Detained without charge in Sri Lanka

I’m a regular subscriber to Jurist, a legal news site run at the University of Pittsburgh. They write excellent explanations and backgrounders of the most interesting legal happenings around the world. This afternoon, I got news that Sri Lanka will be easing emergency regulations and reducing how long the terrorism suspects can be held with out charge. A few days ago, Sri Lanka’s president pardoned a journalist, J.S. Tissainayagam, who was arrested in 2008 under the country’s stringent anti-terrorism laws.

I wrote a piece in the Far Eastern Economic Review last year about Sri Lanka’s broken judiciary — the the emergency rules that extend executive power, violence against attorneys, and the inaccessibility of legal counsel, particularly for those from the embattled North. Much has changed on the island since the end of major conflict between the Sri Lankan Army and the Tamil Tigers (LTTE) last year, but judicial and constitutional problems still plague the country. The piece I wrote about this was a bit long [PDF] so here’s an excerpt:

A journalist’s role in reporting on conflict

Two Sri Lankan bloggers who I read regularly have recently had interesting things to say about the reporters who write about the long conflict on their island. They raise fundamental questions about the role of journalism in society, a debate that is heightened in conflict zones.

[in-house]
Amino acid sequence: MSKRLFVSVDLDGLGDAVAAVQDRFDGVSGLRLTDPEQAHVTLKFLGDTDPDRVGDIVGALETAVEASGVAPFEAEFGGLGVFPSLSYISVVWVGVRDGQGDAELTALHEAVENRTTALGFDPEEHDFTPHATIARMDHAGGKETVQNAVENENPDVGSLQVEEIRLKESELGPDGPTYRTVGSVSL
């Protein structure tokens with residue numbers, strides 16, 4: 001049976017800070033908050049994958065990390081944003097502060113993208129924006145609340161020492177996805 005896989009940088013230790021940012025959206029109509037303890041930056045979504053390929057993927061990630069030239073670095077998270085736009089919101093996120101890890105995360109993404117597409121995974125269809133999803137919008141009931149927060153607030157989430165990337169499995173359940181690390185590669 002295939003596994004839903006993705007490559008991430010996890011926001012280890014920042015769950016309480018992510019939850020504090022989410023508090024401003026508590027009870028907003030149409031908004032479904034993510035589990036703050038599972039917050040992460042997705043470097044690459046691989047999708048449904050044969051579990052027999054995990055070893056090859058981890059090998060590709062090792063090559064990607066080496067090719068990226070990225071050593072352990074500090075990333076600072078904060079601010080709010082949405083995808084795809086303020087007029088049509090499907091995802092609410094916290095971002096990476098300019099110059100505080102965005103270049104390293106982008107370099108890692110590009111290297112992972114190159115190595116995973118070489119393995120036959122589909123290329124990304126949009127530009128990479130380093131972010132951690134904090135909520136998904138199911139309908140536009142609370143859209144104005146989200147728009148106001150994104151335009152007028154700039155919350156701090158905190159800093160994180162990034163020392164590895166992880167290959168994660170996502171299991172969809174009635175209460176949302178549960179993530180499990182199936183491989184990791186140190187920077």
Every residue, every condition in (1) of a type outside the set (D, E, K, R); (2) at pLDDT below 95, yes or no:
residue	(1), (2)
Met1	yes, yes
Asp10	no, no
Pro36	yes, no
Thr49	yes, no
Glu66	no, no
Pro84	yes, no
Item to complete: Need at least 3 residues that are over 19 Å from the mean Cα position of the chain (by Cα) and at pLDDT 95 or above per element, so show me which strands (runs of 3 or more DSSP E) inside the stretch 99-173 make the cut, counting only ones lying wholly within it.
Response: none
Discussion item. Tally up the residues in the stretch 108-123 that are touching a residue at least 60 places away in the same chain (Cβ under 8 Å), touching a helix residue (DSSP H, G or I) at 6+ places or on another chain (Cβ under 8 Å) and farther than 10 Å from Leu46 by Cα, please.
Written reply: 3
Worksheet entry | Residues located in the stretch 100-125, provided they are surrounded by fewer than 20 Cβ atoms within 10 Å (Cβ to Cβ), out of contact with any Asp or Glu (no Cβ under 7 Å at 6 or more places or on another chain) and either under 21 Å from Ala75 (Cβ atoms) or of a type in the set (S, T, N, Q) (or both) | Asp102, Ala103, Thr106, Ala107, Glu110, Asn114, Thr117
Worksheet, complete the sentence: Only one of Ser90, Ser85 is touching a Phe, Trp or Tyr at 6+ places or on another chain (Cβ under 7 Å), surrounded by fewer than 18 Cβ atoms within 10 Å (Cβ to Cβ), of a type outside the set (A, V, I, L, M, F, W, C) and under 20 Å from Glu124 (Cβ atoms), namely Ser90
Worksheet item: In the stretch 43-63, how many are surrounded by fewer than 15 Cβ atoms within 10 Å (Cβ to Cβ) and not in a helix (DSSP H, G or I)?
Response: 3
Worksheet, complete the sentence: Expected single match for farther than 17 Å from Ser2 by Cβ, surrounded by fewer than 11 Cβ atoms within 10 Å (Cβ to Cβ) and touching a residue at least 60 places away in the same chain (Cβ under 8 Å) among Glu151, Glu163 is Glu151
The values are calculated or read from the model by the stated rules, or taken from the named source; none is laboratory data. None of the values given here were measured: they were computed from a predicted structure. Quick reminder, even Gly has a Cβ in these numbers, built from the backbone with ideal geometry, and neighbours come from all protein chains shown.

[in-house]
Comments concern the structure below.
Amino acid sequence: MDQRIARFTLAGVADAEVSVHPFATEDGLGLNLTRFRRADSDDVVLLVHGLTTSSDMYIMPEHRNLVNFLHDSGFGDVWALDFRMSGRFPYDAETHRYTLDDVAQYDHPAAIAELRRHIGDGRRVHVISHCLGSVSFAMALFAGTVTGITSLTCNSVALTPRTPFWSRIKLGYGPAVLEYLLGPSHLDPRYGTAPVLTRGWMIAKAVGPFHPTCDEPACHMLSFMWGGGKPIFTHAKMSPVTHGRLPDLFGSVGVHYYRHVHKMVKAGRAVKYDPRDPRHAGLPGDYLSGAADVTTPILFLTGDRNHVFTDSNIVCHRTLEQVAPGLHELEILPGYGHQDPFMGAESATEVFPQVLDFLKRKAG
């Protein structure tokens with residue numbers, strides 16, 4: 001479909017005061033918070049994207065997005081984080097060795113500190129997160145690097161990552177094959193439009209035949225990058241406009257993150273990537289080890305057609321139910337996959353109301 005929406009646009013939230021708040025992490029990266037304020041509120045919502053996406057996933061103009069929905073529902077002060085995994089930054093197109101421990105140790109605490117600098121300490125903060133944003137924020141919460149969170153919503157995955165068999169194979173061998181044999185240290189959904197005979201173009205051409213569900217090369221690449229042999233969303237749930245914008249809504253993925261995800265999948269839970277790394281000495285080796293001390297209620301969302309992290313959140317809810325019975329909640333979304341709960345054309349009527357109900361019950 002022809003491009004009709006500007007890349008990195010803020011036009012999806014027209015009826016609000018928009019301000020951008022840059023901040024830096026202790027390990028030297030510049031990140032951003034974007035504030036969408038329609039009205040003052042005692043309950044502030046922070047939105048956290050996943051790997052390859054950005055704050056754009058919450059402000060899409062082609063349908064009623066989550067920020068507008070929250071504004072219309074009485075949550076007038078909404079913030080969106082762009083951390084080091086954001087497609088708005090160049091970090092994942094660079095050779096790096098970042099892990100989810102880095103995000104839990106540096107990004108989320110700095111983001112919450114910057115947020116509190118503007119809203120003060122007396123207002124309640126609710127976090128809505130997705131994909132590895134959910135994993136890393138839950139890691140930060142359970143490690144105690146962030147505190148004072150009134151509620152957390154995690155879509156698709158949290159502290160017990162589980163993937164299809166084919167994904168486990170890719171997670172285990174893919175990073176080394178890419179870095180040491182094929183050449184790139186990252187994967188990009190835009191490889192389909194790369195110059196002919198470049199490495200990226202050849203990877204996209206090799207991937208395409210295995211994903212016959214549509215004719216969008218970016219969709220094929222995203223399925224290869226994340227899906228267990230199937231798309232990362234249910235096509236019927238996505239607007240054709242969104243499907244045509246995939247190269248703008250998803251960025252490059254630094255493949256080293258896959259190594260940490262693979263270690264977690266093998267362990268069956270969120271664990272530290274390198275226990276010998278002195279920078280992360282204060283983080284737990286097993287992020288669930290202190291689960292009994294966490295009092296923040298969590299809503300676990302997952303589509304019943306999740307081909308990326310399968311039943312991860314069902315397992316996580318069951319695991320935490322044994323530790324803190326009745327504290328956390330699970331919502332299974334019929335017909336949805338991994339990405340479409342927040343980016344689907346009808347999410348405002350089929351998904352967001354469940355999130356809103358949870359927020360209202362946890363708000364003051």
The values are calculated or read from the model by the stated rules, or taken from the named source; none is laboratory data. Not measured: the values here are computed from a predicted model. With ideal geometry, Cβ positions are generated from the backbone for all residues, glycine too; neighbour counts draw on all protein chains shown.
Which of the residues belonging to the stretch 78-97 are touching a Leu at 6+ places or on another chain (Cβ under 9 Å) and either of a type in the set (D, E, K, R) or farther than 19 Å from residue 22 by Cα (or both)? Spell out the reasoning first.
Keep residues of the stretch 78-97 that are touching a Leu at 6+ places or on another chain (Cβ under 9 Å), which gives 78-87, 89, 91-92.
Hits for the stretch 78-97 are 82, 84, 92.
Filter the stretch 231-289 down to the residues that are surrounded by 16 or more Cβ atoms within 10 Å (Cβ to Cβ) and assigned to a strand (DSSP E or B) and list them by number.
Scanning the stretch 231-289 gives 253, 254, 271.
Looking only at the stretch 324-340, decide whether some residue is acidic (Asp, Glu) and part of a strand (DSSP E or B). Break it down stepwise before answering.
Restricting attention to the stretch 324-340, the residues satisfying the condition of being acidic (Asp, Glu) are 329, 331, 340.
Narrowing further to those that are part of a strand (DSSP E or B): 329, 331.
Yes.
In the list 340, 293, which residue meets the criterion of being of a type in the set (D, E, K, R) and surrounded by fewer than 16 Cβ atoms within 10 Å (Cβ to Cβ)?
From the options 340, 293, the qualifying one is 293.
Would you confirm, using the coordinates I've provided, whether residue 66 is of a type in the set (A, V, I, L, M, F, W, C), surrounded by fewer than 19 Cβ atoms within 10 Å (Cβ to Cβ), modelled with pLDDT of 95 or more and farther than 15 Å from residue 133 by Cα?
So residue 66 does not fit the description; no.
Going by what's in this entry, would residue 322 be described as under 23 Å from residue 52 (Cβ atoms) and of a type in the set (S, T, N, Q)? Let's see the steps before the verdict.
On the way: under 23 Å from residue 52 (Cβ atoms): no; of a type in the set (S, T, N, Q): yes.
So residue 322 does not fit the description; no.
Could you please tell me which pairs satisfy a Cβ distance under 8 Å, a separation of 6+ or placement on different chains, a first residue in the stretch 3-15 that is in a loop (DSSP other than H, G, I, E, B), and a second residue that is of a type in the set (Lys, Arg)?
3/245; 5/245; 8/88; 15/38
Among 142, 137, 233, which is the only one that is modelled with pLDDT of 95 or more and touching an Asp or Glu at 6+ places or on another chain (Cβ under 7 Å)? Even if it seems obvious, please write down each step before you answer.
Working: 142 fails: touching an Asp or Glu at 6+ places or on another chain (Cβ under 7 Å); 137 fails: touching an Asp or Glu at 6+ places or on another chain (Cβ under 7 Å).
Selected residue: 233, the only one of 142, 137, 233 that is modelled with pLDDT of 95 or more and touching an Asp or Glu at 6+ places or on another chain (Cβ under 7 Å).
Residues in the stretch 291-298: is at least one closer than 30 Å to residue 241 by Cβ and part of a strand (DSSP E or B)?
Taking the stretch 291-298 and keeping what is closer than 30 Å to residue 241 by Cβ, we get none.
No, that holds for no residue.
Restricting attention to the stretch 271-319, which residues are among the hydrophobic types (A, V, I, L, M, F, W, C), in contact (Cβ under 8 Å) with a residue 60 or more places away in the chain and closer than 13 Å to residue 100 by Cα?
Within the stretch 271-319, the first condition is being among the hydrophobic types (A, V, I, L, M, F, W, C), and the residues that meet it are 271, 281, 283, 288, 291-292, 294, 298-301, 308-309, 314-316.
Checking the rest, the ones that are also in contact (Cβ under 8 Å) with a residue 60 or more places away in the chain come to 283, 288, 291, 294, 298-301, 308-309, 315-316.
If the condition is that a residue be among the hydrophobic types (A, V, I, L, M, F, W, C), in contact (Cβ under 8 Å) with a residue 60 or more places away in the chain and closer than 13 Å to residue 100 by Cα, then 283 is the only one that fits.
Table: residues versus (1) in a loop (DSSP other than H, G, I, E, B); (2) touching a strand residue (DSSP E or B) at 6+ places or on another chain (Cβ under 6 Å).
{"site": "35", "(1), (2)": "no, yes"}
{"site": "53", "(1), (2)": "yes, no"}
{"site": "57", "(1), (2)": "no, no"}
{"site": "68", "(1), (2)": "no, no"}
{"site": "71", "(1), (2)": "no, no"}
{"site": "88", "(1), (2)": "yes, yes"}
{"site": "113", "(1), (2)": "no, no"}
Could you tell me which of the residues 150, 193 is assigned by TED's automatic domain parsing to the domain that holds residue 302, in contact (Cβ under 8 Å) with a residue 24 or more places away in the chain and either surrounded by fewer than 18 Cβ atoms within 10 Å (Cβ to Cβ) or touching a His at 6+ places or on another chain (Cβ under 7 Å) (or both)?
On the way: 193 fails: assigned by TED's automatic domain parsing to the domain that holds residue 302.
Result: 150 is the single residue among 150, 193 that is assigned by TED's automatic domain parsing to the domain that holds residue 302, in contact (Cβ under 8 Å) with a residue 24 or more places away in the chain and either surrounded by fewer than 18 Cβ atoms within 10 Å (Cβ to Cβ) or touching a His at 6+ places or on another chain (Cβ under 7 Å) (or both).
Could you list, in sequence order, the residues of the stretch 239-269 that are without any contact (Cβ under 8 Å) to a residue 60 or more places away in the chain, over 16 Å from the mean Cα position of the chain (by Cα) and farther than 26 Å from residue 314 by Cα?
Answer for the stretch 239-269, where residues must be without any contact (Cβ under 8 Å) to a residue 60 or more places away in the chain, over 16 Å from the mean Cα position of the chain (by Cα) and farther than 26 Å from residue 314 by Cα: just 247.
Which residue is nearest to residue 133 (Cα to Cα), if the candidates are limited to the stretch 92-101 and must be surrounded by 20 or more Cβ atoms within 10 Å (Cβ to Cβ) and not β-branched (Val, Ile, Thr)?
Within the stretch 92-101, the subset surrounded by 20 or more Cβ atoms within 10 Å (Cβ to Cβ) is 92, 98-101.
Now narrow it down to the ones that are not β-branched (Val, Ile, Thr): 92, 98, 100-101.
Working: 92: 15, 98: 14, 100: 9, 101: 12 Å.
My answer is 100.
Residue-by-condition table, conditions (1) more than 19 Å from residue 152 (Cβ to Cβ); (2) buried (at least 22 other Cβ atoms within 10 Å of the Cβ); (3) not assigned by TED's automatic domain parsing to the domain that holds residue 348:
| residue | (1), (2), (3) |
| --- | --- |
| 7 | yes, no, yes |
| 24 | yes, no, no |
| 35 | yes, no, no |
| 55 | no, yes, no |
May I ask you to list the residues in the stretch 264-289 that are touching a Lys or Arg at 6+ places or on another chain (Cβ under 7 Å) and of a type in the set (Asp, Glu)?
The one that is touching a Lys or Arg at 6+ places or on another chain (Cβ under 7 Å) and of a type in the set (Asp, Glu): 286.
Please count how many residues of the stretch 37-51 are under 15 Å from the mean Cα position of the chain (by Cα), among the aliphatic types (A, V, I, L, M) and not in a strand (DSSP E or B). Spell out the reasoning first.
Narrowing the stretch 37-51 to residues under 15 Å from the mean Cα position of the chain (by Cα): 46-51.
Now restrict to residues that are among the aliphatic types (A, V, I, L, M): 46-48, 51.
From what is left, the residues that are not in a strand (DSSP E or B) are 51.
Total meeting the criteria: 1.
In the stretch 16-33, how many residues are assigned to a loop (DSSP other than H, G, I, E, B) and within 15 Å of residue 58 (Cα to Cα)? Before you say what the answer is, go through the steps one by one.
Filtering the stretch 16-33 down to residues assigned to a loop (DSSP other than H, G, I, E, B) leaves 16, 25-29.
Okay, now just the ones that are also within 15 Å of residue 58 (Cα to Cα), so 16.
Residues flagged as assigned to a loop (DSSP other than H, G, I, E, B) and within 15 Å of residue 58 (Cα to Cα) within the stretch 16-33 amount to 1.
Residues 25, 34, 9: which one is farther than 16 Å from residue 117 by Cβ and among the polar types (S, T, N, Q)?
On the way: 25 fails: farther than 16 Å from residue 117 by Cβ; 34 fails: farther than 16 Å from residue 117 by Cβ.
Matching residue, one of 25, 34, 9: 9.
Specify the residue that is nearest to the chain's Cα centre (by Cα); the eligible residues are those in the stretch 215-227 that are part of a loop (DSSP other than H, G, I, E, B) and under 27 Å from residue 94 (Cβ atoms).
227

Blogger-turned-columnist Indrajit Samarajiva gave this quick bit in a recent post:

“I don’t get why the international media wants to come in and gawk when Sri Lankans are suffering and the pictures are bad, but doesn’t want to see or help actual improvement. Wait, I do get it.”

Is journalism a civic engagement? James Fallows of Atlantic Monthly has argued for “civic journalism” since his book Breaking the News came out in 1997. Here’s how he sums up his argument in Slate:

“The main argument of the public journalism advocates was that reporters and editors should think of themselves as being inside society, affecting through their coverage the way other people thought and behaved, rather than being wholly detached observers from outside. When viewing a society somewhere else in the world, members of the American press accept this point immediately. They know that the existence and quality of information flow will have a huge impact on other aspects of that society—whether people can hold their government accountable, how realistic a picture they have of other cultures, how unified or divided they seem.”

Journalist-turned-blogger Nalaka Gunawardene has a different take on journalists’ roles:

“What we lack – and urgently need – is plain good journalism that covers development, conflict and other issues as an integral part of human affairs. Noble intentions of saving the planet, or making world peace, sound good at beauty pageants. But these catch-all lines don’t give anyone the license to engage in shoddy journalism that lacks accuracy, balance and credibility – the core tenets of the profession.”

Gunawardene cites remarks by Javier Solana, EU High Representative for the Common Foreign and Security Policy: